Furniture rental start-up Furlenco raises $30 million
Furlenco has raised fresh funds amounting to nearly $30 million, which includes both debt and equity. The rental company has investors such as Lightbox Ventures under its belt. The fresh funds would comprise of $15 million in equity and $15 million in debt, according to Furlenco's CEO Ajith Karimpana. The new funds will be injected into expansion plans, and including more products and cities.
Pitched to be one of the top markets for the furnishing industry, an interesting trend that began in India was of renting furniture. One of the start-up companies that worked on this idea was Furlenco, which started out under a different name, RentUrDuniya. The start-up was founded by a former Goldman Sachs Vice President, Ajith Karimpana, in October 2011.
Furlenco was targeting the Indian millenials and others who looked to rent furniture that suited the user's taste, but without creating a huge expense for the customer. Another objective that the company targeted was to cater to people who often relocated. Disposing the old furniture is often pitched to be hard for those who relocate, and Furlenco aimed to cash in on this.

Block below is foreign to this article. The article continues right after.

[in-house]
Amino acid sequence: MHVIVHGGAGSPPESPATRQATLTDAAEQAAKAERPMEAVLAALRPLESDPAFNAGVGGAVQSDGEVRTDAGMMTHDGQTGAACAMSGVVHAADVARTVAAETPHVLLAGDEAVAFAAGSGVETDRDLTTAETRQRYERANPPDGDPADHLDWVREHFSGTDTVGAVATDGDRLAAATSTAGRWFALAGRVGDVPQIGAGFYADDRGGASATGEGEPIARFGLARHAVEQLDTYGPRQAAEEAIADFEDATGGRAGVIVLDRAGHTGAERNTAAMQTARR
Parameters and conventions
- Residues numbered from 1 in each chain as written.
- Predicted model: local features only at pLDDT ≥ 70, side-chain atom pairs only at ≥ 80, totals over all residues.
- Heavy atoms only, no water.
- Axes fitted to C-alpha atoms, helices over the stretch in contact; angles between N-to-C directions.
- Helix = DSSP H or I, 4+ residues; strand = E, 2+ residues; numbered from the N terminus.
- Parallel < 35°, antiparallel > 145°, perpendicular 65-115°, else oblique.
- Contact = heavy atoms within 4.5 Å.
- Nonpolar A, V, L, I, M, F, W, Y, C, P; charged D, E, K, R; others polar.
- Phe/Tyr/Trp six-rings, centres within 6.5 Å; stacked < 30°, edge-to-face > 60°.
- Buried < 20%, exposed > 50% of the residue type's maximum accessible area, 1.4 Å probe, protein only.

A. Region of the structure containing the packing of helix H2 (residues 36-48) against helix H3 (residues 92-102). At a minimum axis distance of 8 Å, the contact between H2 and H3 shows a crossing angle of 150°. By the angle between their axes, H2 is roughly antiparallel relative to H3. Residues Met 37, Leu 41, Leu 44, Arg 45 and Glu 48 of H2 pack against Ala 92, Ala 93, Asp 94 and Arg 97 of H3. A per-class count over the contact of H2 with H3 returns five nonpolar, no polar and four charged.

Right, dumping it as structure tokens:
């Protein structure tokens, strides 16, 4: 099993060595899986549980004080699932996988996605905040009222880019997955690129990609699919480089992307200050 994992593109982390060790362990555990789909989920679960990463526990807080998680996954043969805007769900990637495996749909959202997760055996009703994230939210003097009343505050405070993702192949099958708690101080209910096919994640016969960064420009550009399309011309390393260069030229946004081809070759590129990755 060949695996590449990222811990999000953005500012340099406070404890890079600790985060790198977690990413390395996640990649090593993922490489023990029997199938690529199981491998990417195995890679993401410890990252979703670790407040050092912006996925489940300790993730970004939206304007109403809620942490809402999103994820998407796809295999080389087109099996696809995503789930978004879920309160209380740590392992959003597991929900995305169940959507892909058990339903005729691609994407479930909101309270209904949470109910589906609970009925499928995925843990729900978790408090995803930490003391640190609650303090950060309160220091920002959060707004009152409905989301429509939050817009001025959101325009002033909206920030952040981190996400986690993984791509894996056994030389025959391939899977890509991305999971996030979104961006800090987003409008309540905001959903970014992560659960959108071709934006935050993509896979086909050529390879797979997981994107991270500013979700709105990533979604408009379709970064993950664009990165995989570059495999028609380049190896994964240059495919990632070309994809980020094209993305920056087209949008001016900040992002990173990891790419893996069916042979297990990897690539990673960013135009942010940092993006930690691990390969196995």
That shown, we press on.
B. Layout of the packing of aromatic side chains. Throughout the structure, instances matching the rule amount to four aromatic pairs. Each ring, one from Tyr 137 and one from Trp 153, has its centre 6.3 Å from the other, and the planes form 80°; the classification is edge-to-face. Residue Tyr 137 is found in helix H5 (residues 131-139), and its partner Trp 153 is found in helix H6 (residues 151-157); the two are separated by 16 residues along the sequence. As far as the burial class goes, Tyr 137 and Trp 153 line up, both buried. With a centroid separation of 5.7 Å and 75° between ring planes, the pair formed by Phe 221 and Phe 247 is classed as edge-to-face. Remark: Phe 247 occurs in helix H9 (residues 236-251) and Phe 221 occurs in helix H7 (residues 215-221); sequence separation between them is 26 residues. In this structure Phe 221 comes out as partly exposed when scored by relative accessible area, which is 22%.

Furlenco's economic rental tariffs
"Furlenco earns its revenue by renting out furniture items. We own and hold the inventory. Customers typically pay just about 3-4% of the retail price of furniture item per month. The life of a seasoned well-designed solid wood item is anywhere between 15-50 years."-Ajith Karimpana
The furniture start-up's funding
The start-up, based out of Bengaluru, raised its initial angel round of funds that amounted to around $100,000. After launching massive marketing campaigns and using these funds to expand operations, Furlenco announced that it had raised another $6 million in March last year. The funds were raised via Lightbox Ventures, who came in as one of the start-up's investors.
Furlenco valued at $35 million
Soon after roping in Lightbox Ventures as an investor, the start-up raised another $5 million in a Series B funding from Lightbox and a few other investors.